SSL 1300 commercial satellite bus
Palo Alto, CA
NASA continues to advance the journey to Mars through progress on the Asteroid Redirect Mission (ARM), which will test a number of new capabilities needed for future human expeditions to deep space, including to Mars. This includes advanced Solar Electric Propulsion — an efficient way to move heavy cargo using solar power, which could help pre-position cargo for future human missions to the Red Planet.
As part of ARM, a robotic spacecraft will rendezvous with a near-Earth asteroid and redirect an asteroid mass to a stable orbit around the Moon. Astronauts will explore the asteroid mass in the 2020s, helping test modern spaceflight capabilities like new spacesuits and sample return techniques. Astronauts at NASA’s Johnson Space Center in Houston have already begun to practice the capabilities needed for the mission.
Agency officials are studying two robotic capture concepts for the robotic spacecraft that will rendezvous with the asteroid. One option would use an inflatable mechanism to capture an entire small asteroid. Another option would use robotic arms to retrieve a boulder from a much larger asteroid. NASA centers across the country are advancing and testing technologies for both concepts. NASA expects to select a concept for the mission in early 2015.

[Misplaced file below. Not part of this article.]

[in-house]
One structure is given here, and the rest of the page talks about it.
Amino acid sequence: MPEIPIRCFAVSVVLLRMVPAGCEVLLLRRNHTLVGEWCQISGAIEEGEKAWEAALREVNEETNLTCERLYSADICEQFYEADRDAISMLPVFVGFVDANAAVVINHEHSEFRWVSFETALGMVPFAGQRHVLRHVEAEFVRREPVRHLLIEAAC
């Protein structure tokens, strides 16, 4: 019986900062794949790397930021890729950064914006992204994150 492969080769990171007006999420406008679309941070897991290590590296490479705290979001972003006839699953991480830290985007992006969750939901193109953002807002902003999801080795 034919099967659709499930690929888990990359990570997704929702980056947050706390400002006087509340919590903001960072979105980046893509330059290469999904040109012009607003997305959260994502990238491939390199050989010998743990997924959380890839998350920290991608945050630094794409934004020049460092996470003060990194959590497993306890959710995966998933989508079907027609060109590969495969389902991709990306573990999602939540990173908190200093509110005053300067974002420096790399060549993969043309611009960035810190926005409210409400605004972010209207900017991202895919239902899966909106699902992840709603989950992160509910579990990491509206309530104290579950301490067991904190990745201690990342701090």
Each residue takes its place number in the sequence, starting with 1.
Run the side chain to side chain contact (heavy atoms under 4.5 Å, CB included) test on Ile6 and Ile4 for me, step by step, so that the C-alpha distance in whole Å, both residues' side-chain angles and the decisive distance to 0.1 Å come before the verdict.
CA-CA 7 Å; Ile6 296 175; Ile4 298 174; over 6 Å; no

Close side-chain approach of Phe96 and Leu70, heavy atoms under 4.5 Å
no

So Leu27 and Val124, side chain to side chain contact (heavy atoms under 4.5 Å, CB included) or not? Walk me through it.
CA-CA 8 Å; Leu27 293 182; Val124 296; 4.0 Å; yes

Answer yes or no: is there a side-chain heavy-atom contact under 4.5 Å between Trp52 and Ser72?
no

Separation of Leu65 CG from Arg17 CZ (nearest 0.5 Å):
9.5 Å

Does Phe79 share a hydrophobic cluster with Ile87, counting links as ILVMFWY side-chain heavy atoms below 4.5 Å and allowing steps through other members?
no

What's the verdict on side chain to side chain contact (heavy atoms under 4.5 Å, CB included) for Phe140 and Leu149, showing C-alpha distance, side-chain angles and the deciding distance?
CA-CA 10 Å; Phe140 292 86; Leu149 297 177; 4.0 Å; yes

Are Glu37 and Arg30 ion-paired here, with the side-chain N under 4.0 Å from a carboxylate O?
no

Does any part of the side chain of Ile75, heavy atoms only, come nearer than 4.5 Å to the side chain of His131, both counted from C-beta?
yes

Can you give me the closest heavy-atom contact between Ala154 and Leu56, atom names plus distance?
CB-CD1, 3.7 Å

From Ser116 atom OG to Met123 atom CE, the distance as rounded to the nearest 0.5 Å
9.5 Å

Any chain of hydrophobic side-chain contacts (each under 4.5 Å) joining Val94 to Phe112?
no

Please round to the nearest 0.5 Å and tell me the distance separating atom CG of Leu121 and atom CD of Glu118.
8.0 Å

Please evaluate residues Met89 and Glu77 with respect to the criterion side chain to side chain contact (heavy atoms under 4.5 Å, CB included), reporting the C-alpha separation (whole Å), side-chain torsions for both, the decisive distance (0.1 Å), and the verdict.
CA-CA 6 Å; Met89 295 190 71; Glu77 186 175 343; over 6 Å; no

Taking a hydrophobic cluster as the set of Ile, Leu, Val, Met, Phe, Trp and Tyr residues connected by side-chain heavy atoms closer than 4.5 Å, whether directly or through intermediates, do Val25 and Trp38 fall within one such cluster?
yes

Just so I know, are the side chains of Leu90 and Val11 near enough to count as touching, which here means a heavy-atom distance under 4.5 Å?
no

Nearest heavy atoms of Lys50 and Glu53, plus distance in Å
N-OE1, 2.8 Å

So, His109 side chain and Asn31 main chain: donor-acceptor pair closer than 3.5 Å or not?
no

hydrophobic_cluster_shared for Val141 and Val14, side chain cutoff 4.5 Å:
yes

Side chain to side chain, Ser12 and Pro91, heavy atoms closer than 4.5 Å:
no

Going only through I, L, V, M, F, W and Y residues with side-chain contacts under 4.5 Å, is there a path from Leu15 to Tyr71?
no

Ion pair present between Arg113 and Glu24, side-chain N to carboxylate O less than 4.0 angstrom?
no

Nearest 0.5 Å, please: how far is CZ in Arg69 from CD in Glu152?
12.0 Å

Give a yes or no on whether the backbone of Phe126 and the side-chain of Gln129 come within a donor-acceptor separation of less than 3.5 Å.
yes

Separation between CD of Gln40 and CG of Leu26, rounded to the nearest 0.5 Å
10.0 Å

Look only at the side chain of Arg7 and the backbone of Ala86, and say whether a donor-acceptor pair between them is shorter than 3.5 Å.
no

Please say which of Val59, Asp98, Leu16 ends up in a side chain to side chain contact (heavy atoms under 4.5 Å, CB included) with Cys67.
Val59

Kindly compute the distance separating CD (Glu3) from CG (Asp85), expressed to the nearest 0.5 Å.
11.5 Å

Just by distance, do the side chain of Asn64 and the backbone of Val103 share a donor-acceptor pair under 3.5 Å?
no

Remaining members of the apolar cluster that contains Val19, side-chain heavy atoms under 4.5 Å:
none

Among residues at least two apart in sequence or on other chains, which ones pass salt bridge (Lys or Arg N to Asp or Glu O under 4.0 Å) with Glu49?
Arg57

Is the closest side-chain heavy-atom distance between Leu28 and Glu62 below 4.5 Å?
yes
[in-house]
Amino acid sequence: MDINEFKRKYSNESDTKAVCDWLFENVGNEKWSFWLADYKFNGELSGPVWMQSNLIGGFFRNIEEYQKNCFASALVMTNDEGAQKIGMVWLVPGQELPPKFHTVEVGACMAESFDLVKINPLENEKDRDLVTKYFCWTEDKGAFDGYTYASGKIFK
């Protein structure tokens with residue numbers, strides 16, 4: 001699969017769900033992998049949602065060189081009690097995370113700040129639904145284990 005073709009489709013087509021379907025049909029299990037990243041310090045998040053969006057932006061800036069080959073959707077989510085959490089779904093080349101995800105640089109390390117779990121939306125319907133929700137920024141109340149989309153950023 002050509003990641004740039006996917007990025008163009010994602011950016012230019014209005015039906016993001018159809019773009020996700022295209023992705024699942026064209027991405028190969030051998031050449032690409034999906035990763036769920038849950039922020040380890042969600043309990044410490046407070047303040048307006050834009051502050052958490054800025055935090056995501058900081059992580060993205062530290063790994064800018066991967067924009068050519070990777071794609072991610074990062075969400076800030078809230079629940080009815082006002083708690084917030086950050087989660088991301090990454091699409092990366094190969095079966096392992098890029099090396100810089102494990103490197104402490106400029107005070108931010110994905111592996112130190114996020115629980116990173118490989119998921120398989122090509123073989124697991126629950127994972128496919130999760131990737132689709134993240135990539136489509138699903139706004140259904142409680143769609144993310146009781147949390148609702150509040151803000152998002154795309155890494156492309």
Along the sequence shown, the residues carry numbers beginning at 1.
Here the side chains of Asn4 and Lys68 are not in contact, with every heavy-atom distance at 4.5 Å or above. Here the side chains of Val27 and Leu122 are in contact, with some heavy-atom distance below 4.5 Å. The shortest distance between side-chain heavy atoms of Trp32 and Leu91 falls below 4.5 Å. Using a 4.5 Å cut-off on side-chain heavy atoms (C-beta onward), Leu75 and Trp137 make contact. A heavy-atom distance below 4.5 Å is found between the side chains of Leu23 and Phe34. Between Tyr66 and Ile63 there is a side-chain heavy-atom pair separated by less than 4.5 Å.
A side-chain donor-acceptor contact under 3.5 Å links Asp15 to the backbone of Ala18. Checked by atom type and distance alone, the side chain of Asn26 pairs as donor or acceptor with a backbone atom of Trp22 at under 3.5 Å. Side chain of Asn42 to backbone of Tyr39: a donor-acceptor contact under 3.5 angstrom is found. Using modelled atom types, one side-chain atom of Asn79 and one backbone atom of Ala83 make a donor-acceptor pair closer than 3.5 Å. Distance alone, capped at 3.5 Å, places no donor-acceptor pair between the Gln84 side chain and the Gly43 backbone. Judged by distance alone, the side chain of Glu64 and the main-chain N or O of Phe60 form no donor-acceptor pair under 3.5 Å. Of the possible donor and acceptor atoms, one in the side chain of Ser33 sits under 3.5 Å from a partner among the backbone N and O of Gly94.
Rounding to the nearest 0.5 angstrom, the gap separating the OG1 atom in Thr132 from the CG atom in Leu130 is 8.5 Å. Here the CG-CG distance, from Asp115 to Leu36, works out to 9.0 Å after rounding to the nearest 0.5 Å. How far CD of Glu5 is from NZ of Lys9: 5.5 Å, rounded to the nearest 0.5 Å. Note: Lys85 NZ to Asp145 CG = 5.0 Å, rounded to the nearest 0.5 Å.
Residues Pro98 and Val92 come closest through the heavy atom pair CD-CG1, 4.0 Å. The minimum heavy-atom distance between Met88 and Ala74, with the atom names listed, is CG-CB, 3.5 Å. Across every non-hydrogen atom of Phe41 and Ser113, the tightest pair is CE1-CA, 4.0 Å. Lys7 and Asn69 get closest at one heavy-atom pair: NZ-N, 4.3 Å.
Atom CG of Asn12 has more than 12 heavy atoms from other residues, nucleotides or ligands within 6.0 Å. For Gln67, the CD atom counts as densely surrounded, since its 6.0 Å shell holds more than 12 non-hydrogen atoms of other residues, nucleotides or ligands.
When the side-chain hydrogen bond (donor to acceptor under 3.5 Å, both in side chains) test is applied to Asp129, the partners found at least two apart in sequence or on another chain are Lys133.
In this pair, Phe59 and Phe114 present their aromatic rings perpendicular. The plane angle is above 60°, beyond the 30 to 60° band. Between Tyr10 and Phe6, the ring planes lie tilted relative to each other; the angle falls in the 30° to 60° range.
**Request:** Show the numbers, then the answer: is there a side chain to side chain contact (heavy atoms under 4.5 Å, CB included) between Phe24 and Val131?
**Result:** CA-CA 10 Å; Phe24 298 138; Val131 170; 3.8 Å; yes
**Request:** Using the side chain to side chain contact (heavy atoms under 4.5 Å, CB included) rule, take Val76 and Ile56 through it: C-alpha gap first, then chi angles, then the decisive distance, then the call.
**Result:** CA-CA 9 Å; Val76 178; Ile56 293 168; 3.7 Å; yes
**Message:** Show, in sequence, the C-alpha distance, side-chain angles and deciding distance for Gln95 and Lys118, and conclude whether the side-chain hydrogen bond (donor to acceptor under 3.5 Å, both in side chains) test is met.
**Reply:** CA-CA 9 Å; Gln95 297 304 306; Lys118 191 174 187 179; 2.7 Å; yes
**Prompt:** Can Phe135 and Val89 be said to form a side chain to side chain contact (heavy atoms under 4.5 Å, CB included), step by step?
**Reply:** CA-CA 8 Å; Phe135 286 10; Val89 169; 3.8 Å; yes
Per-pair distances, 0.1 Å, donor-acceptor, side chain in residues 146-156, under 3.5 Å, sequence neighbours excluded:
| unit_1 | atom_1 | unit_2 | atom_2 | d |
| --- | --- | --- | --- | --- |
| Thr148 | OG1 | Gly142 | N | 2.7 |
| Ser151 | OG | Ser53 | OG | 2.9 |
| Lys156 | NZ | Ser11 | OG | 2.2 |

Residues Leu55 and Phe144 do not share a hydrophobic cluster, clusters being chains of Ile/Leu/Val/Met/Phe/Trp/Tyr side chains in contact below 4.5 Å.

Space Systems/Loral (SSL) was selected by NASA to study the system concepts and key technologies. One study examines using robotic technology from MacDonald, Dettwiler and Associates (MDA), and one that examines adapting commercial spacecraft for the Asteroid Redirect Vehicle. SSL and MDA will work with Honeybee Robotics Spacecraft Mechanisms Corp. on the Autonomous Boulder Liberation Equipment study. The companies will collaborate to demonstrate the robotic placement and handling of excavation and capture tools to remove a boulder from the surface of an asteroid. For the Asteroid Redirect Vehicle study, SSL will examine how to adapt commercial spacecraft, and will define system concepts that leverage SSL’s commercial satellite bus, the SSL 1300.
The agency has identified three asteroids that could be good candidates for each capture option so far and anticipates finding one or two per year for each option. Efforts to identify good candidates for the mission are also helping augment NASA’s existing work to survey near-Earth objects and identify those that could threaten Earth.
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